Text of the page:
Lithium metal batteries hold tremendous promise for next-generation energy storage because the lithium metal negative electrode has 10 times more theoretical specific capacity than the graphite electrode used in commercial Li-ion batteries. However, lithium is one of the most difficult materials to manipulate, due to its internal dendrite growth mechanism, which can cause Li-ion batteries to short circuit, catch fire or even explode.
The growth of these needle-like lithium whiskers that form internally in battery electrodes is known to be affected by how ions move in the electrolyte, but researchers do not understand how ion transport and inhomogeneous ionic concentration affect the morphology of lithium deposition.
Columbia University researchers used stimulated Raman scattering microscopy to explore the mechanism behind dendrite growth, becoming the first team of material scientists to directly observe ion transport in electrolytes. A lithium deposition process was observed that corresponds to three stages: no depletion, a partial depletion and full depletion of lithium ions. A feedback mechanism was also uncovered between lithium dendrite growth and heterogeneity of local ionic concentration that can be suppressed by artificial solid electrolyte interphase in the second and third stages.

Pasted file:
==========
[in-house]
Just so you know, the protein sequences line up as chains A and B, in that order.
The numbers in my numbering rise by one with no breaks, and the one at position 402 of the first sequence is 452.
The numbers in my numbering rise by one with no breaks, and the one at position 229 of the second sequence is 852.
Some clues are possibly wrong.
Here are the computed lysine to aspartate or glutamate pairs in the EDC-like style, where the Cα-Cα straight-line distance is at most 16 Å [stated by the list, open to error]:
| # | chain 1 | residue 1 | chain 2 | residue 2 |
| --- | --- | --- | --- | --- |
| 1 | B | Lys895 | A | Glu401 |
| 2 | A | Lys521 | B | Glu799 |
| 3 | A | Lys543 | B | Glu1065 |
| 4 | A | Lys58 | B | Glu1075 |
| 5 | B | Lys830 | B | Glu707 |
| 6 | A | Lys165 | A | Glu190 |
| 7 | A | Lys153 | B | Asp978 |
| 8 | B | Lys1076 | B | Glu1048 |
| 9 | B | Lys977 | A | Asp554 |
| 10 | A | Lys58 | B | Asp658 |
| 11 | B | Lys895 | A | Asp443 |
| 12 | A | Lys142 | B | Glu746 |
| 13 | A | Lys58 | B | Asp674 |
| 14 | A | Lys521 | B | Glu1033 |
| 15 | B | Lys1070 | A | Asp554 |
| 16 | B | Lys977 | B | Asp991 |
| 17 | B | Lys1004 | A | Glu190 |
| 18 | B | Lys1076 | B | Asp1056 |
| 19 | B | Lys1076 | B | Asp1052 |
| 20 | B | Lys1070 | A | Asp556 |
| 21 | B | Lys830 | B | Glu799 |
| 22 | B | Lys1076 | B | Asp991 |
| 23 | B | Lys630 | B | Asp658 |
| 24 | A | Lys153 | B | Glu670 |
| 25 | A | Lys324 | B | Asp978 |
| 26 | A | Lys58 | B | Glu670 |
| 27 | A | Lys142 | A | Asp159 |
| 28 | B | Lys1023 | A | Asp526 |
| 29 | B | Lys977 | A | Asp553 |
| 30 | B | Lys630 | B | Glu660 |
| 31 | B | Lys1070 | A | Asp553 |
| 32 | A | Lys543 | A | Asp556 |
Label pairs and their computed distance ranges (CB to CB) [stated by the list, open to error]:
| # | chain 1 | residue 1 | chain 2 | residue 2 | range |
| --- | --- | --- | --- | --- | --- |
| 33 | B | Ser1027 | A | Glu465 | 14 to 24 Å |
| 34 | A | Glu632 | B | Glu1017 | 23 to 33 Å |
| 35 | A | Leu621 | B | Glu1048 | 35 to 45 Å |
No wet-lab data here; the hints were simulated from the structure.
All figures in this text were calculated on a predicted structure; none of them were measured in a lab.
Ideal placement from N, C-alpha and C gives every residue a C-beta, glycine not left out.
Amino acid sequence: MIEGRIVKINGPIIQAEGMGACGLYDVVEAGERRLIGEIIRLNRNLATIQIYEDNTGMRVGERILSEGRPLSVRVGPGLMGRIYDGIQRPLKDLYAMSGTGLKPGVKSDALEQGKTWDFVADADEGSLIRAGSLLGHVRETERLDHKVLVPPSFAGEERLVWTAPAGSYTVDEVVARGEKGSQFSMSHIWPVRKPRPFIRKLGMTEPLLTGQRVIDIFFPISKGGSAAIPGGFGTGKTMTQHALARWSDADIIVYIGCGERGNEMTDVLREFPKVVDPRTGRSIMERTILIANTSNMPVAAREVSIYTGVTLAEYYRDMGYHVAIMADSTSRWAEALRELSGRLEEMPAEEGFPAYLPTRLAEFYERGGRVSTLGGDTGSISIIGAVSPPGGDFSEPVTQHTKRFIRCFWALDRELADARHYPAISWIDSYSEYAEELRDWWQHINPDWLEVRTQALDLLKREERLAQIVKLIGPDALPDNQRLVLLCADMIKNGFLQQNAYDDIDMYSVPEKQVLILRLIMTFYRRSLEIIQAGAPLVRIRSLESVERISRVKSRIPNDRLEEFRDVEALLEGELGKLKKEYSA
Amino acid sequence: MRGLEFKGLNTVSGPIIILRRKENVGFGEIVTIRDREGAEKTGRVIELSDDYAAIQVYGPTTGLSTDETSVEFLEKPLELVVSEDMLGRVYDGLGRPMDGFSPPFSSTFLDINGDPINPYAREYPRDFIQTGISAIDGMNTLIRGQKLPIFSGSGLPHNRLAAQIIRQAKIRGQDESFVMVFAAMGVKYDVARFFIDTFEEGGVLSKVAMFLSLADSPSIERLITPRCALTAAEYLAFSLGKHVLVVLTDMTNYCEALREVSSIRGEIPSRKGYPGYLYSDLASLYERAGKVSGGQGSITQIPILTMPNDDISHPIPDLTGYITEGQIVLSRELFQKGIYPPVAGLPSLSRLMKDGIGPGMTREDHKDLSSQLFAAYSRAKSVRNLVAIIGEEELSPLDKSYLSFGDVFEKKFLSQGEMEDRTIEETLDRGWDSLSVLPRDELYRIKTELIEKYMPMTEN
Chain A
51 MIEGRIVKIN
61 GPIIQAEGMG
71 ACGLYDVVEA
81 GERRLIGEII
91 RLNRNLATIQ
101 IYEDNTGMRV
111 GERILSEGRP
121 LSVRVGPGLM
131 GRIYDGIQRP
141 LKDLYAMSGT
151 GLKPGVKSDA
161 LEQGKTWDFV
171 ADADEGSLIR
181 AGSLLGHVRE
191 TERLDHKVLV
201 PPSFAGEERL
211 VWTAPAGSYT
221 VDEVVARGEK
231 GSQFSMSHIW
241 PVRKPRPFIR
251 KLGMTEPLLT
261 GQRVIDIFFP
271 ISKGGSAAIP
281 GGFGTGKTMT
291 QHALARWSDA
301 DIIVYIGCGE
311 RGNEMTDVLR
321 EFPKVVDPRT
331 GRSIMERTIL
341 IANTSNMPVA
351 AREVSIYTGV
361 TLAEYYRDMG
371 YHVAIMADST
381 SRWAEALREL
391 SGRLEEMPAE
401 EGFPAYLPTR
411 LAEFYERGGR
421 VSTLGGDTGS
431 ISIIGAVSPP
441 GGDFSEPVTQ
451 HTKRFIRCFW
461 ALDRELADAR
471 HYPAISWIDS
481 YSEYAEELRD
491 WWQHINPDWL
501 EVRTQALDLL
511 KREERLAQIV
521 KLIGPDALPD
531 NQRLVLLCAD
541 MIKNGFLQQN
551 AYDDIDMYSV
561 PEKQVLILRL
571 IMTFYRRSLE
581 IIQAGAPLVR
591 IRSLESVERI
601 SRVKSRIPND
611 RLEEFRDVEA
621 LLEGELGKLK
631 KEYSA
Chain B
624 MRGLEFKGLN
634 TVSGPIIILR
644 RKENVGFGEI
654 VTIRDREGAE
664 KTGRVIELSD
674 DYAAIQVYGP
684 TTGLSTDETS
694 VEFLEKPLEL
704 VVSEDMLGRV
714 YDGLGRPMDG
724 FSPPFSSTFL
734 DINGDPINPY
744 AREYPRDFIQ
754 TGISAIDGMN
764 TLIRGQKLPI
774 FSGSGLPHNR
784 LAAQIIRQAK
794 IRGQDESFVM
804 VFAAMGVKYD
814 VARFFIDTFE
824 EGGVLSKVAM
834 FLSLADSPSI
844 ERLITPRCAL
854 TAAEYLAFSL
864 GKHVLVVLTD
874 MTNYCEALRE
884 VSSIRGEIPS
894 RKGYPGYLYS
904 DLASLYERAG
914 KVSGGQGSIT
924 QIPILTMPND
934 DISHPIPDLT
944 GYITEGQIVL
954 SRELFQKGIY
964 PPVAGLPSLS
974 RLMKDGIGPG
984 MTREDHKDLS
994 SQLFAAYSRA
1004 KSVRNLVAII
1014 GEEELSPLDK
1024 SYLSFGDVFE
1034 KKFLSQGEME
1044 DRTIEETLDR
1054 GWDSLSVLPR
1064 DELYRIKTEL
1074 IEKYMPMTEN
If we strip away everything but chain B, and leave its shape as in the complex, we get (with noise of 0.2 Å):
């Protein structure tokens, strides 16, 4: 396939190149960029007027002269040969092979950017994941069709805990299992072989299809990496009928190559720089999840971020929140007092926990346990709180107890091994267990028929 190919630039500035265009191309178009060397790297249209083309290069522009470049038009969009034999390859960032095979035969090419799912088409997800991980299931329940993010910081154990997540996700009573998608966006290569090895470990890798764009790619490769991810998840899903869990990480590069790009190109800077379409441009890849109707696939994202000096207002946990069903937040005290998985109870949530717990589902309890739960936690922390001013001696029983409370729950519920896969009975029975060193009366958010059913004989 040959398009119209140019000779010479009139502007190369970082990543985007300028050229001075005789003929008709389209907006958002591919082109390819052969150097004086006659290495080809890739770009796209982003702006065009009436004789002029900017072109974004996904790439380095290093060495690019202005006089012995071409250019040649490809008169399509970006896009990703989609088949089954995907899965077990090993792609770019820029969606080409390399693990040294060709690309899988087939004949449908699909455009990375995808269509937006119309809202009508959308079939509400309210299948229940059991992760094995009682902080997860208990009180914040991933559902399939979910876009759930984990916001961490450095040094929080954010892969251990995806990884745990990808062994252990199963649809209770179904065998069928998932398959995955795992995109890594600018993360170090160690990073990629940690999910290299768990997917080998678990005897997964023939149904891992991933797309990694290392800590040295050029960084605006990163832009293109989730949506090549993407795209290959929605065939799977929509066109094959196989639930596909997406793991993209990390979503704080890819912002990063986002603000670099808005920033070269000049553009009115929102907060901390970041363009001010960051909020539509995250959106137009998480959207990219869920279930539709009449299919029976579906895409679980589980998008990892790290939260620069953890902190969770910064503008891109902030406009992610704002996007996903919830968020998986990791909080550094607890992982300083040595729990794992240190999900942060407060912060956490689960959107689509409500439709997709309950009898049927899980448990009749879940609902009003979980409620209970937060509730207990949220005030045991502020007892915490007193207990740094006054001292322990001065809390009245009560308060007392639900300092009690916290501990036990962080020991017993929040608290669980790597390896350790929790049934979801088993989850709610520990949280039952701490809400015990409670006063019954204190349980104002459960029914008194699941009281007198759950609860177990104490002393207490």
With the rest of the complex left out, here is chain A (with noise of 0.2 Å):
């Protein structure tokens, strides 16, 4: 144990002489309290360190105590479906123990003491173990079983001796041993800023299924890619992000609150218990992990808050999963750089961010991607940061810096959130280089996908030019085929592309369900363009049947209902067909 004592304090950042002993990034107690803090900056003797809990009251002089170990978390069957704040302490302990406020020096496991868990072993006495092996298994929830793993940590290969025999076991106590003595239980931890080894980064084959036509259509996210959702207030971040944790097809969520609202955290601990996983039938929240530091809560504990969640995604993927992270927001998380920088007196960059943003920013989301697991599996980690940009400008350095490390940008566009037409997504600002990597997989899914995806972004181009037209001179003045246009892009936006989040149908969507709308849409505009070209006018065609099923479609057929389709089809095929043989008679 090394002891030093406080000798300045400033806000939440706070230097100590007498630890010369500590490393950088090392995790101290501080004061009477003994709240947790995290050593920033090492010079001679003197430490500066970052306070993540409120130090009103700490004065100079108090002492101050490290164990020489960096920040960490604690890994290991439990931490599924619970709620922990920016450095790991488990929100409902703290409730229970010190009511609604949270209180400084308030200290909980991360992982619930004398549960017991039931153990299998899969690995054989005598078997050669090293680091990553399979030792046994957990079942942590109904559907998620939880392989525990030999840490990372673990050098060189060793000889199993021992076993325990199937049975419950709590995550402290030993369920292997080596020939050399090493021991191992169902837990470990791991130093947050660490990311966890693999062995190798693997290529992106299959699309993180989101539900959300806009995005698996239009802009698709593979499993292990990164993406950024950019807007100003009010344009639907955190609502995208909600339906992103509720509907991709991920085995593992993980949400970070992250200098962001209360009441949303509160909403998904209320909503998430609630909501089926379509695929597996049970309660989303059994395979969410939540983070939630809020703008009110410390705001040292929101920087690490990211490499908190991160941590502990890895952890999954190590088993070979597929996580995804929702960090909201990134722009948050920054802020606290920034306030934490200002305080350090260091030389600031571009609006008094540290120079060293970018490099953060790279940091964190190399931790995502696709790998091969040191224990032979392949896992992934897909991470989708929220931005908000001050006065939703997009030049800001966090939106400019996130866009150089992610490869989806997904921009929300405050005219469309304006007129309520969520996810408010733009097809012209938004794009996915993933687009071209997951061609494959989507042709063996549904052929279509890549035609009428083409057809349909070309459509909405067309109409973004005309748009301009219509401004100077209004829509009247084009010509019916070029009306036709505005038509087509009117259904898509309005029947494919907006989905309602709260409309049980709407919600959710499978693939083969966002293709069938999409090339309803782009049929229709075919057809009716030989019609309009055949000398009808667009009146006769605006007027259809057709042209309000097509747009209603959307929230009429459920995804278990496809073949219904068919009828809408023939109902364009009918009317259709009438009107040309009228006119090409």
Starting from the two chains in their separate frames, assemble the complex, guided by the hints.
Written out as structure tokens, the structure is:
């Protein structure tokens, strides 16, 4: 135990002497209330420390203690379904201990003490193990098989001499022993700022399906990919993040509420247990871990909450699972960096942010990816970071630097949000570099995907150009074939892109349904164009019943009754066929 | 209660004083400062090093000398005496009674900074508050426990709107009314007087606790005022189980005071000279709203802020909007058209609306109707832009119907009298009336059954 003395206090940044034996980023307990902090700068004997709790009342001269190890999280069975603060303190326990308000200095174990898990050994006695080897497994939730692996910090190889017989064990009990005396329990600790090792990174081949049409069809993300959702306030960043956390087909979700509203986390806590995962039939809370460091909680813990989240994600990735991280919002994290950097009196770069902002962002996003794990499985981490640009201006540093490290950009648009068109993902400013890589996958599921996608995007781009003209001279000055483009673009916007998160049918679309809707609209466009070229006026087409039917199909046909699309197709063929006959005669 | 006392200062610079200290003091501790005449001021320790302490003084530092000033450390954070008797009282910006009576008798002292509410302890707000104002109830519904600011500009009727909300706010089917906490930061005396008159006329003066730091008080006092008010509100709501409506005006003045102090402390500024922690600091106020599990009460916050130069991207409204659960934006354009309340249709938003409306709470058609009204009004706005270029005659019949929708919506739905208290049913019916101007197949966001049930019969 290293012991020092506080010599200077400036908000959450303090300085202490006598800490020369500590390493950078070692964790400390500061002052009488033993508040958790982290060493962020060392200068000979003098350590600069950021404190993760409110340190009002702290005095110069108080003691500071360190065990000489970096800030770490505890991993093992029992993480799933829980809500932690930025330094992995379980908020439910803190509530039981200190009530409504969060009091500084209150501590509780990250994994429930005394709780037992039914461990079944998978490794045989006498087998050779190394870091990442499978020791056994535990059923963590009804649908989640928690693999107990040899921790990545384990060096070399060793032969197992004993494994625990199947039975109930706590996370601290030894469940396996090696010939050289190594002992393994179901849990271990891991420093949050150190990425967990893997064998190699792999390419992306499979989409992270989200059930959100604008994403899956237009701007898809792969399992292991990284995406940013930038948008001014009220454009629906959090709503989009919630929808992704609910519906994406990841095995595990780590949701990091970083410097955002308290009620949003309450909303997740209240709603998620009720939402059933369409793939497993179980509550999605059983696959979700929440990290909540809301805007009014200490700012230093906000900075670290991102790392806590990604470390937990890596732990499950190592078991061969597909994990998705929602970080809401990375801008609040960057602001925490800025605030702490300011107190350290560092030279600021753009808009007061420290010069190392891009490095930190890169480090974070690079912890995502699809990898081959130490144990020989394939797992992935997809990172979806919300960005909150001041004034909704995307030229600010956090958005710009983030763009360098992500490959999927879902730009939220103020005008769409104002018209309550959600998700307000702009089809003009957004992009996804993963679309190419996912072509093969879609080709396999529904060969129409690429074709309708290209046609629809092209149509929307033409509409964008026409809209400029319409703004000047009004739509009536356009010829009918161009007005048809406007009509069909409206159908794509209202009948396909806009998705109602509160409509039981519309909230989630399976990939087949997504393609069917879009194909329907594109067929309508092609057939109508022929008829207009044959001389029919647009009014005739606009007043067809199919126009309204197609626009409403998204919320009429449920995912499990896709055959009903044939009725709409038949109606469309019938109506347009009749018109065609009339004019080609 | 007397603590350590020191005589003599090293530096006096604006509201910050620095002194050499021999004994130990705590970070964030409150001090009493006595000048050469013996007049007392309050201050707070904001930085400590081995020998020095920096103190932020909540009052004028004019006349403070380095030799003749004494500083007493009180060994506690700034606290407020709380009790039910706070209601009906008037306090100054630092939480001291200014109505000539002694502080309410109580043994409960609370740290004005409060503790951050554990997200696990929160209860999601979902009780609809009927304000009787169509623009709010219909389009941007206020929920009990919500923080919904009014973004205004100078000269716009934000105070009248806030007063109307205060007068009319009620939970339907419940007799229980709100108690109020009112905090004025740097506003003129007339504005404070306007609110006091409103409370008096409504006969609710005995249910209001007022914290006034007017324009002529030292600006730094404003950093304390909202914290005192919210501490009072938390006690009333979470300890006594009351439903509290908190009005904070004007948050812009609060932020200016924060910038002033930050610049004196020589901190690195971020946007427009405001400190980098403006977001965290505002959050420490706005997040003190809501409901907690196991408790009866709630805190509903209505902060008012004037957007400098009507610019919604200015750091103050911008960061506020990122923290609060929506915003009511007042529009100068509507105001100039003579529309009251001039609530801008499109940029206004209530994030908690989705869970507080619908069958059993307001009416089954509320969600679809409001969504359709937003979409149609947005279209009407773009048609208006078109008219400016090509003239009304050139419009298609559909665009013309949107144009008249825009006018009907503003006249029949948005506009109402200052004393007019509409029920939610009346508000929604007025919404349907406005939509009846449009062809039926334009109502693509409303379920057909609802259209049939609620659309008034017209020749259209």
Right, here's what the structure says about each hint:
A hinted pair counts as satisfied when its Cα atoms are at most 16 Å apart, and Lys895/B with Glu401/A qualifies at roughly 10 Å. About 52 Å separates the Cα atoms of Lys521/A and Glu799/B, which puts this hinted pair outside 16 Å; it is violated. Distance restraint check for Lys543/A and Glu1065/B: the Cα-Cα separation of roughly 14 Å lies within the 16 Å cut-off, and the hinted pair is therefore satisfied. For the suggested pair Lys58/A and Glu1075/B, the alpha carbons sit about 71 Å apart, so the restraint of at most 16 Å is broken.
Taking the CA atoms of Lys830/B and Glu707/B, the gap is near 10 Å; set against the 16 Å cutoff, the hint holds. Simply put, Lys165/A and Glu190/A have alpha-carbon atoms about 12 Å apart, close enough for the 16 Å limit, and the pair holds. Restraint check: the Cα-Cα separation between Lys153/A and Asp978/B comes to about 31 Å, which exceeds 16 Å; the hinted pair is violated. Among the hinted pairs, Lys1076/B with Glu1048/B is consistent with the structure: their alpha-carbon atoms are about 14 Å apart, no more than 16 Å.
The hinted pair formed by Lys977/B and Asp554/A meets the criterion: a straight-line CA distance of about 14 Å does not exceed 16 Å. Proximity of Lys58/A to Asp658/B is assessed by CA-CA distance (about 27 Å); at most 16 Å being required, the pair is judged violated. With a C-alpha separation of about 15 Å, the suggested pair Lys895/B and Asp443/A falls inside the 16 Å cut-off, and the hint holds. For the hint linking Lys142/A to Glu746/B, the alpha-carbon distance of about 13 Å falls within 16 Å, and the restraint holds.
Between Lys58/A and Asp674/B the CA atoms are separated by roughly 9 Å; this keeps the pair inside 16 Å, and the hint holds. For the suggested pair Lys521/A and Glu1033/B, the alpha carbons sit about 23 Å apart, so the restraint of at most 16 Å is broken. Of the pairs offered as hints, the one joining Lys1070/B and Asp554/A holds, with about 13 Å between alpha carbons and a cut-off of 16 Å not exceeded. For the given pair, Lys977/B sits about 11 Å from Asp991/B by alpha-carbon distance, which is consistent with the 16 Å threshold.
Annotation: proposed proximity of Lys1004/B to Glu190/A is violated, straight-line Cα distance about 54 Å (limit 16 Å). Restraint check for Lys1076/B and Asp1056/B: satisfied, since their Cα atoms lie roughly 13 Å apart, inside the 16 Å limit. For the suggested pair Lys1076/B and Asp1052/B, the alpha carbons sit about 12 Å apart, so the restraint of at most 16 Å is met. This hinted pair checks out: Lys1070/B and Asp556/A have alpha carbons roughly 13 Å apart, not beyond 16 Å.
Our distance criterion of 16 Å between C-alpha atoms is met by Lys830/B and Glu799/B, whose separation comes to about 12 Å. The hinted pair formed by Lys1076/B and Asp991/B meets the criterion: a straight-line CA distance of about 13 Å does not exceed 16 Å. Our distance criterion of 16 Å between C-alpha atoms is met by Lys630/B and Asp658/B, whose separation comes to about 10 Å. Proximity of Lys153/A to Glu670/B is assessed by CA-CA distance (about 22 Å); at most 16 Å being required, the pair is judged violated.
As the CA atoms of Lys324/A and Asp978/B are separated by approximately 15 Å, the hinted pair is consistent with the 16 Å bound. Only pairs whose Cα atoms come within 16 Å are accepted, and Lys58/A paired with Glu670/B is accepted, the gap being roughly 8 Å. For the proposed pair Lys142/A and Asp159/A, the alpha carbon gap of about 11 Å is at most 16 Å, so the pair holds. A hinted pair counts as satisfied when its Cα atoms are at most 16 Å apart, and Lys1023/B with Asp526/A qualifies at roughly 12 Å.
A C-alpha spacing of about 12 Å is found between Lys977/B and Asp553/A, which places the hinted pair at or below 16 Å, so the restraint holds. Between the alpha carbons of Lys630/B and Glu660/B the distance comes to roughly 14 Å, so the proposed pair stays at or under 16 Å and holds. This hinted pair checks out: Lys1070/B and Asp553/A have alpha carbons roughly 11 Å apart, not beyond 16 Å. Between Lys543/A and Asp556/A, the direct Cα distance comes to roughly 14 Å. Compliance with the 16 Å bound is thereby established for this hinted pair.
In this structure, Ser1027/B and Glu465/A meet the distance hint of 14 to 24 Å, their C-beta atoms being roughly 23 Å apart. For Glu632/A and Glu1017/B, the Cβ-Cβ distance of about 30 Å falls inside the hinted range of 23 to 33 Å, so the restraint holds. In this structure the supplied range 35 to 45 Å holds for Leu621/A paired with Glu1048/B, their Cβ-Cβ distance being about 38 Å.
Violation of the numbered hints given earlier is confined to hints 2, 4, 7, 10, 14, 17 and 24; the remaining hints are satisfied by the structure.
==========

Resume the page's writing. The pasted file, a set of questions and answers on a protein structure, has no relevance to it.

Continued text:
The researchers have developed a method to inhibit dendrite growth by homogenizing the ionic concentration on the lithium surface at the second and third stages of the lithium deposition process.
The research is published in Nature Communications.